Then, the trail turned onto a gravel bike path as we snuck our way away from the Town.  However, the enthusiasm of the fans never ceased - we would pass folks cheering as we went, pass a line of kids holding cowbells that were almost half their size as they swung back and forth to make them ring, and hear 'Bravo!' and 'Super' as we ran along.  I loved the atmosphere so much that the miles simply passed by quickly.
(Slightly climbing miles in the first half of the race)
By mile 10, the course turned onto some grass, then a narrow gravel path by a river as we climbed up into the valley.  Mile 13 brought us into the first mountain village, and folks lined the roadway to cheer us past the half marathon mark.  The course looped north out of town for a few kilometers before bringing us past the same mountain village again 5k later.  We ran on gravel trails, passed a band of bagpipers, and numerous cowbells as we did this loop.  I looked up in awe at the hanging water falls on the nearby cliffs, as the water dropped thousands of feet towards us - simply a beautiful place to run!  I was a bit concerned when I looked back and saw that the 4:30 group was only about a minute behind me at this point - I hoped they didn't catch me!
At mile 16, the course turned up...and turned up steeply.  For the first time in the race, I was power hiking, along with everyone around me.  Rather than clicking off a kilometer (which were each marked) every few minutes, I instead hiked for 5 minutes and looked up to find that they marked this section down to the 0.25 km - I had barely made any progress!  The trail was so steep, you were starting at the calves of the person ahead of you.  That 1.5 km hike seemed to take forever and never end!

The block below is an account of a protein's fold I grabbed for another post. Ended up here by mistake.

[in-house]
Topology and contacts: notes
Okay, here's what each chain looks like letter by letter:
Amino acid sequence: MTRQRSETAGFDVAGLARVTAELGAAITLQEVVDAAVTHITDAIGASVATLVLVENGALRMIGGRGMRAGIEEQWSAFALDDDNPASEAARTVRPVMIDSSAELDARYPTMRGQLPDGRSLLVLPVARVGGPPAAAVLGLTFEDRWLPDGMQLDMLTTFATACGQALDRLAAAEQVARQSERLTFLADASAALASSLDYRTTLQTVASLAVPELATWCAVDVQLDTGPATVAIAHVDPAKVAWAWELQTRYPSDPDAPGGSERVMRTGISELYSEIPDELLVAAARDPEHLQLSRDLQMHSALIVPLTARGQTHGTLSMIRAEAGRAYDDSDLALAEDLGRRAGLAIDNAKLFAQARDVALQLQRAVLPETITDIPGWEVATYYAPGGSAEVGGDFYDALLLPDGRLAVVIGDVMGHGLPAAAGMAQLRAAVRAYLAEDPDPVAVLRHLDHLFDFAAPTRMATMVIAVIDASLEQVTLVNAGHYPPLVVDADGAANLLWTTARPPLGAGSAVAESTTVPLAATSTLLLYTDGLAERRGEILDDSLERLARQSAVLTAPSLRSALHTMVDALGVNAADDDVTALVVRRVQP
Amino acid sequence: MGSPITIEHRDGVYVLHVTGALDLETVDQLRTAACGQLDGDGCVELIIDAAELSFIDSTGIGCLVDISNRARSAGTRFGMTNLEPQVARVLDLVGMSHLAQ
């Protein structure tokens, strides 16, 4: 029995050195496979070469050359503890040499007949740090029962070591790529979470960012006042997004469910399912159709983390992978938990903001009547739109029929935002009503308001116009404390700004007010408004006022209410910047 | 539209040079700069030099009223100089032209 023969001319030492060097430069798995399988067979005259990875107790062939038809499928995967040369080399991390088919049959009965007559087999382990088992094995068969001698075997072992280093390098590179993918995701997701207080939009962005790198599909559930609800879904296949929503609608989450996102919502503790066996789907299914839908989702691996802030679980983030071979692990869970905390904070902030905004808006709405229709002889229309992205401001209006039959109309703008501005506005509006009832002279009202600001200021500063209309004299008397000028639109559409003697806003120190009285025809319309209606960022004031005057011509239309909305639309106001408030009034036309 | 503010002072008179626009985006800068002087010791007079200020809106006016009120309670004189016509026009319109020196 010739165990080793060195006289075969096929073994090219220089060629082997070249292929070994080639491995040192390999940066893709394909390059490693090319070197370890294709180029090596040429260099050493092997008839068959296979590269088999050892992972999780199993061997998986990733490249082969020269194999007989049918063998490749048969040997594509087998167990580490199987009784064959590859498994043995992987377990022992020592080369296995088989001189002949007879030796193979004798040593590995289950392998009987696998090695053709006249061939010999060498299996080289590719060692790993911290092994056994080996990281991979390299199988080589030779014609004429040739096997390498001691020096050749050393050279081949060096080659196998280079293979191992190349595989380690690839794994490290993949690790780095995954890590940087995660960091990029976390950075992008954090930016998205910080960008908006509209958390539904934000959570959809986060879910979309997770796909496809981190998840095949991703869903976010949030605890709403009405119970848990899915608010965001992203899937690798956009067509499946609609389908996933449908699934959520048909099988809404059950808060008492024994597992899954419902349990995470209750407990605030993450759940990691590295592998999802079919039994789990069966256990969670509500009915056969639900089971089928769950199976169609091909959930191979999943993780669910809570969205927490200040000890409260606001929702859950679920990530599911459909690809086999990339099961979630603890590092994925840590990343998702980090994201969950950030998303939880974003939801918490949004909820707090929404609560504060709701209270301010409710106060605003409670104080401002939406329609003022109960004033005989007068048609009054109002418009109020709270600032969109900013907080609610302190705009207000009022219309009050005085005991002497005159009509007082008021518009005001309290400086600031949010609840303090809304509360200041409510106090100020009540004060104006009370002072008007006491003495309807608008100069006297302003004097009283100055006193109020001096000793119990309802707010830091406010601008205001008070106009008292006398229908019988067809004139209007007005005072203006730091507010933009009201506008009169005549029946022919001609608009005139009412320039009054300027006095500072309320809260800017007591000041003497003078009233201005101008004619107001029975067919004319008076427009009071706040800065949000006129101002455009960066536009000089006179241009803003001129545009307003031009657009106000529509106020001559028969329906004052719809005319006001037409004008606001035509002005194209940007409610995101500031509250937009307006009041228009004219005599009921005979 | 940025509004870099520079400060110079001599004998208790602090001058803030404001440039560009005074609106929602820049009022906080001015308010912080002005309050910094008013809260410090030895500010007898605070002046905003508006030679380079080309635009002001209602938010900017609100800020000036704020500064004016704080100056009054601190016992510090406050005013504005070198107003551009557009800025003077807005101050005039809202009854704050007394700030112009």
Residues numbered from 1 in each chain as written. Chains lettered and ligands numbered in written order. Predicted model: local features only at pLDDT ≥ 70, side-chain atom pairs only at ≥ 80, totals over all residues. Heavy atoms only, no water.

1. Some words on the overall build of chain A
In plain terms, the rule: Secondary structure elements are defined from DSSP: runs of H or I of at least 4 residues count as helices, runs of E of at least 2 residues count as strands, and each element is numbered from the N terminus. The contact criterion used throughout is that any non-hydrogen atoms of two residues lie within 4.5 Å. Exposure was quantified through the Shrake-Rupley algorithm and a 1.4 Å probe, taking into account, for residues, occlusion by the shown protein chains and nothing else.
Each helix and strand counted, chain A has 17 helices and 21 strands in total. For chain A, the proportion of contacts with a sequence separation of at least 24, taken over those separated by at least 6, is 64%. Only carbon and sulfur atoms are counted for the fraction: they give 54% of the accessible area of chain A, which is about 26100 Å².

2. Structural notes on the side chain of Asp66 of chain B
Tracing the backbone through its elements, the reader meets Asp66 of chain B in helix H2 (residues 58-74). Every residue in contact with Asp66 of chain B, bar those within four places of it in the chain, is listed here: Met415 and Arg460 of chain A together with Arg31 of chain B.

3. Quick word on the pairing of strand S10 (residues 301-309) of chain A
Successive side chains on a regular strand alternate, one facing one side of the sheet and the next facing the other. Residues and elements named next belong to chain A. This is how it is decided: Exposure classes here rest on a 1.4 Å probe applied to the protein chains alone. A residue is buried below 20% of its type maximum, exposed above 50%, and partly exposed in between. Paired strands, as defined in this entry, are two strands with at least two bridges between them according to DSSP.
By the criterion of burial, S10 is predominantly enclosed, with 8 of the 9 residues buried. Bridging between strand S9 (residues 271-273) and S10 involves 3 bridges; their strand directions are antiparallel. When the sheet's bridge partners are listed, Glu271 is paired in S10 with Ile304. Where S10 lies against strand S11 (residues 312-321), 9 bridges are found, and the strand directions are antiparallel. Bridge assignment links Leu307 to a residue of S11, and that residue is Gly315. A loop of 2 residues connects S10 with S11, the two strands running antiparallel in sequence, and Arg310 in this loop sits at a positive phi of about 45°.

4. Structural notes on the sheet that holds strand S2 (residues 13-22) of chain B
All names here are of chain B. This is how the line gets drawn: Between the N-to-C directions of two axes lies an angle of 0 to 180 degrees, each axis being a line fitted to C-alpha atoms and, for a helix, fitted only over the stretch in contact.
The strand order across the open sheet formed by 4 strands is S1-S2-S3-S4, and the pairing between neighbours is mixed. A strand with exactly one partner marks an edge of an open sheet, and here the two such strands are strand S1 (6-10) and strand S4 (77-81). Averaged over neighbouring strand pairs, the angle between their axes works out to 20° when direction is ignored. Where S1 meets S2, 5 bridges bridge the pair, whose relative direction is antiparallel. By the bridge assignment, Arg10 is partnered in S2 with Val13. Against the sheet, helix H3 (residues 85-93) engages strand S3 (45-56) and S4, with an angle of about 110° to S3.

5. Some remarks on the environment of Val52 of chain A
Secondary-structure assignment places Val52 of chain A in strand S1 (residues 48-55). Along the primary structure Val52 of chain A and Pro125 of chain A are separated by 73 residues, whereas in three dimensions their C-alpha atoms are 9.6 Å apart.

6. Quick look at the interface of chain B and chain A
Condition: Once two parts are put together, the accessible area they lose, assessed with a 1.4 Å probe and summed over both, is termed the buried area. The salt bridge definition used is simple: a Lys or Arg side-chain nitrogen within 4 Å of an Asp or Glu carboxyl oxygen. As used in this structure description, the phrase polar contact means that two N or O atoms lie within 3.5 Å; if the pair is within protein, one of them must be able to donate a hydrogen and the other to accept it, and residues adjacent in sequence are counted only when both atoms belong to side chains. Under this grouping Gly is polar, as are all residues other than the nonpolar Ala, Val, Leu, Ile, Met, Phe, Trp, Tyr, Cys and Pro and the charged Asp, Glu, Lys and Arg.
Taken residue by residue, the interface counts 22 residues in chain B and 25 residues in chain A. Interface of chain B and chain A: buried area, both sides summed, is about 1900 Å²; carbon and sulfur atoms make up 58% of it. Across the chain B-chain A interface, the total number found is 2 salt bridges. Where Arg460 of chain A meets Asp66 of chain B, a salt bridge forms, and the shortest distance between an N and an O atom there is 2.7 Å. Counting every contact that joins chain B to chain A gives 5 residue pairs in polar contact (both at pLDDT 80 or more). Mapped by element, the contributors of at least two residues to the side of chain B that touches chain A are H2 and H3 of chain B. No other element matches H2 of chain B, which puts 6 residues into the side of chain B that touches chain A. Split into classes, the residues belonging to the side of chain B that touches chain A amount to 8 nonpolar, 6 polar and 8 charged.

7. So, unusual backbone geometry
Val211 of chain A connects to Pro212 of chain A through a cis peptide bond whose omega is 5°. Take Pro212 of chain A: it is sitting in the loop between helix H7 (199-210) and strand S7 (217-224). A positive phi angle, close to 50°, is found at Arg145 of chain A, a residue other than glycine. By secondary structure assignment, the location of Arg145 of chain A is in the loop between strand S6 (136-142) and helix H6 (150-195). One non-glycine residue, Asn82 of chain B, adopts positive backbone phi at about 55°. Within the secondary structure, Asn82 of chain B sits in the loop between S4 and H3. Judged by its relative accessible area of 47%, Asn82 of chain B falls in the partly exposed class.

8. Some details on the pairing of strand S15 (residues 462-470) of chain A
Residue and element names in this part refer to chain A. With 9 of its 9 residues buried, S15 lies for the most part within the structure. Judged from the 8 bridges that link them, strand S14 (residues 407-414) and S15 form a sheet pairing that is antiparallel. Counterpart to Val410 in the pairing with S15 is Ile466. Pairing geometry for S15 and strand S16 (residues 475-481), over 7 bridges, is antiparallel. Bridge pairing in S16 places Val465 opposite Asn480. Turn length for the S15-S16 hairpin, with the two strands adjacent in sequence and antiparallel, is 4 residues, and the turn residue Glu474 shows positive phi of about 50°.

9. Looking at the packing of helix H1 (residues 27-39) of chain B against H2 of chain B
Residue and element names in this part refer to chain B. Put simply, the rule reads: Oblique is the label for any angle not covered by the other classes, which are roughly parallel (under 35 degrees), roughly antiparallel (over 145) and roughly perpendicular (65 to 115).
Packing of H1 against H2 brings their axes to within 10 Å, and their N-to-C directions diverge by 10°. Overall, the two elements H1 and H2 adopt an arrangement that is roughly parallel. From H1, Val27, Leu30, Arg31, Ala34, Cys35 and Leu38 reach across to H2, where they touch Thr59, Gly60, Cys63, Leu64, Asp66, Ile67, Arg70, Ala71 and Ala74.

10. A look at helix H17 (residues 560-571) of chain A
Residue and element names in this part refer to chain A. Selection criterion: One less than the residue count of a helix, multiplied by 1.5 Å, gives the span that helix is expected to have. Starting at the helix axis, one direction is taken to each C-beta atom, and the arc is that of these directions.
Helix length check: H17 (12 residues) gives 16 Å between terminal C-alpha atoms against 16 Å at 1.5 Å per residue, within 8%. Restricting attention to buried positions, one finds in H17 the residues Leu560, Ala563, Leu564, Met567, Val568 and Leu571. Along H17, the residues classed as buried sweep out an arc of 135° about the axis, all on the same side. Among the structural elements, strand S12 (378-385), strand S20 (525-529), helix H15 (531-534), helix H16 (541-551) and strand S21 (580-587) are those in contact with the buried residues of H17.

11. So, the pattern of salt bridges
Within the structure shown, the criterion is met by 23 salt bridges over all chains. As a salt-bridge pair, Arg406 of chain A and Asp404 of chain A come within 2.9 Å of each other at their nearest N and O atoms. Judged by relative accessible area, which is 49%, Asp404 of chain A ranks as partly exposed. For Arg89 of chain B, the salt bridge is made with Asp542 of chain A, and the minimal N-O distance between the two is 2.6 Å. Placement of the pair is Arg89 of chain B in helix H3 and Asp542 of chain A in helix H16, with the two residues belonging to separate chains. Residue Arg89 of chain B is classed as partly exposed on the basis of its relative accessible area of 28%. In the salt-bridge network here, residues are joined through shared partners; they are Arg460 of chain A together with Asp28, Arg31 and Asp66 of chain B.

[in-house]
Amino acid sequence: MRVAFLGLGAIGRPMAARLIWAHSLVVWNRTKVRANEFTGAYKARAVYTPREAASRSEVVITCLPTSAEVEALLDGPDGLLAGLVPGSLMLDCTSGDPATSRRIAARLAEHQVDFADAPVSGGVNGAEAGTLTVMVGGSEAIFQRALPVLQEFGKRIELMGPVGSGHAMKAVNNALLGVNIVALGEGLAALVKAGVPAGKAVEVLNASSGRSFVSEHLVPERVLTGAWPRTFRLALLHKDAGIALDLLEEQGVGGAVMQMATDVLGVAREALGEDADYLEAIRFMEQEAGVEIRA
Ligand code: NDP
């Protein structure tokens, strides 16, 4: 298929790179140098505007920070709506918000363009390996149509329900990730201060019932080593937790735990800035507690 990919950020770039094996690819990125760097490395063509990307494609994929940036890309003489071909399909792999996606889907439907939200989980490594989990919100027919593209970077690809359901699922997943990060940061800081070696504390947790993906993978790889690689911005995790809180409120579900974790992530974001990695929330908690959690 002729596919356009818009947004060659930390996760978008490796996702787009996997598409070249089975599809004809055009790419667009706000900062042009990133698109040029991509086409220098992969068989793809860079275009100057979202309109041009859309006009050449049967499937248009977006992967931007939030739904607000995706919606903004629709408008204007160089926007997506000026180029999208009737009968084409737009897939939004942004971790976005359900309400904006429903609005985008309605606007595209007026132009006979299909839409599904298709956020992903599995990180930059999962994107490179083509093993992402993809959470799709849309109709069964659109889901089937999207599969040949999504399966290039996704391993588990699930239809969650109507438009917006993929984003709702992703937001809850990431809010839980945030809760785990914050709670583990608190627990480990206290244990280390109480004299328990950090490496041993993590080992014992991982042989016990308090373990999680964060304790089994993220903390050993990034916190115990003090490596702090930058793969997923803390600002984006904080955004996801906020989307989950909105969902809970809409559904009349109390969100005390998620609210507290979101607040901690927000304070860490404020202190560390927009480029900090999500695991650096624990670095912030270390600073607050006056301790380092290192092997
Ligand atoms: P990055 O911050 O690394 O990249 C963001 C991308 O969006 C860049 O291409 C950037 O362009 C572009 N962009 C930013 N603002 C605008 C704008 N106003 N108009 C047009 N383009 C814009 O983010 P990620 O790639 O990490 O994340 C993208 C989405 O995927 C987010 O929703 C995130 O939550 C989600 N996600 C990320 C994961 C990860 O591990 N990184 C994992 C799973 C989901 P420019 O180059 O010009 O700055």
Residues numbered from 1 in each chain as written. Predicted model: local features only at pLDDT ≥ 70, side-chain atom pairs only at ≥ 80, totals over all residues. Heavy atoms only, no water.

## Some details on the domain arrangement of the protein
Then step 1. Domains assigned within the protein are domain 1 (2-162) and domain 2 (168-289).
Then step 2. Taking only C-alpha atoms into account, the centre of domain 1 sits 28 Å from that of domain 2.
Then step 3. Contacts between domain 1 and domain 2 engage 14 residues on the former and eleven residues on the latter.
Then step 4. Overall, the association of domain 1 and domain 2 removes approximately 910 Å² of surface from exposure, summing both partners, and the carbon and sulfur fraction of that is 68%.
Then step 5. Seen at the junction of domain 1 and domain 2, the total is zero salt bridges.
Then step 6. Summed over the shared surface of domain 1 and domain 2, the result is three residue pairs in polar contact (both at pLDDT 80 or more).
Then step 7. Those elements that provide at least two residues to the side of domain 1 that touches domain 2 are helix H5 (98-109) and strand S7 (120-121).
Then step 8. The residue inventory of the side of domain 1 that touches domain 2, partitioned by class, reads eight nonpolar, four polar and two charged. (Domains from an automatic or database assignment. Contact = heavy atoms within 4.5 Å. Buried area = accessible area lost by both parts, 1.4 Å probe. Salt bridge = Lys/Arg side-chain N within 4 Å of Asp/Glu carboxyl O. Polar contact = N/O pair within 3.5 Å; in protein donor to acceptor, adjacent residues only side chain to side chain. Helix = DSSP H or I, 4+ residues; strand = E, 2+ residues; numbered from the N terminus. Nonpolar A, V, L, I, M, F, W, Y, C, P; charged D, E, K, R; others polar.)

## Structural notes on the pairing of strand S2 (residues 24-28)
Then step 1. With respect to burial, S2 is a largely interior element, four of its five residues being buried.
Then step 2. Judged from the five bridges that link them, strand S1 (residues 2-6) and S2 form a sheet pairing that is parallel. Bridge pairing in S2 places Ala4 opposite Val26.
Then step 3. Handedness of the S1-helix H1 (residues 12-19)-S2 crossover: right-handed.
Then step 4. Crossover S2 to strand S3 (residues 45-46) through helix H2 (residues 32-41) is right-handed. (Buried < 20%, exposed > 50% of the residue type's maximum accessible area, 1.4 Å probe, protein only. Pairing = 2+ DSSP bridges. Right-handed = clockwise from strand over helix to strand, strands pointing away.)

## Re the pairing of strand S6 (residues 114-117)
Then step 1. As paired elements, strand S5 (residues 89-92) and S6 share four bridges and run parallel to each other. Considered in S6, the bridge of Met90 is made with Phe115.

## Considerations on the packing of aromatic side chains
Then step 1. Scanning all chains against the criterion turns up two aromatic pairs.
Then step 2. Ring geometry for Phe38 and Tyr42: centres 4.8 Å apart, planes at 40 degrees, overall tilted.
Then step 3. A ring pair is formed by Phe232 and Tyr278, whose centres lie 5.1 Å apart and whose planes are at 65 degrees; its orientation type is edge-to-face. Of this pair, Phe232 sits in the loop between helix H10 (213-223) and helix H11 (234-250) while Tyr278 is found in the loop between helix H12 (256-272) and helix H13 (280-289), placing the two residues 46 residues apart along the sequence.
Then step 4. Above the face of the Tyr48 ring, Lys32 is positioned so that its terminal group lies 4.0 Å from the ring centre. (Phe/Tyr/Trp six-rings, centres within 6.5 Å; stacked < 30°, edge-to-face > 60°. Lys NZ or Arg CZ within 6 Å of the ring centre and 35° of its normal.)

(Power hiking in some of the last 10 miles of the course)
Luckily, after about a mile of hiking, the trail leveled out and even had a bit of downhill.  I quickly shifted to running and enjoyed stretching the legs again.  I knew that from here on out, the last 10 miles would be a mix of power hiking and running - so I'd better run when I could!
From there, the trail wove through small mountain villages, past the alpine fields with grazing cows, and along dirt paths as it climbed up towards our finish line.  We were running into the fog, so the views weren't as spectacular but we could still see the beauty around us.  Sometimes, we would hear a cowbell ringing and I would wonder if it was a fan further down the course, or a cow up in the field moving around - either way, I enjoyed the encouragement.
(Loving the section of trail running on the course!)
At the 37km mark, we passed under a ski lift and saw the line of alpenhorns and color guard supporting us along.  From there, the course turned to technical trail for a few kilometers, and I surged ahead of anyone gently running around the slippery rocks - this was my type of terrain! 
(On the knife's edge, the day after the race)
The course turned up and I knew that we were on the 'knife's edge' section of the trail, where the views are typically spectacular and the drop offs to either side of the trail are pretty steep.  Unfortunately, I couldn't see much in the fog, so I focused on powering up this climb knowing it was the last climb of the race.
(Power hiking the last climb before the finish)
At the top of the climb, I heard the bagpiper who is there every year to greet runners at the high point of the course.  I was amazed that he was out there in this weather (it was now raining, foggy, and quite chilly - and I was moving!).  I gladly ran down the trail towards the finish, but was greeted by one more short climb up and over a rock shoulder before ultimately dropping to the finish.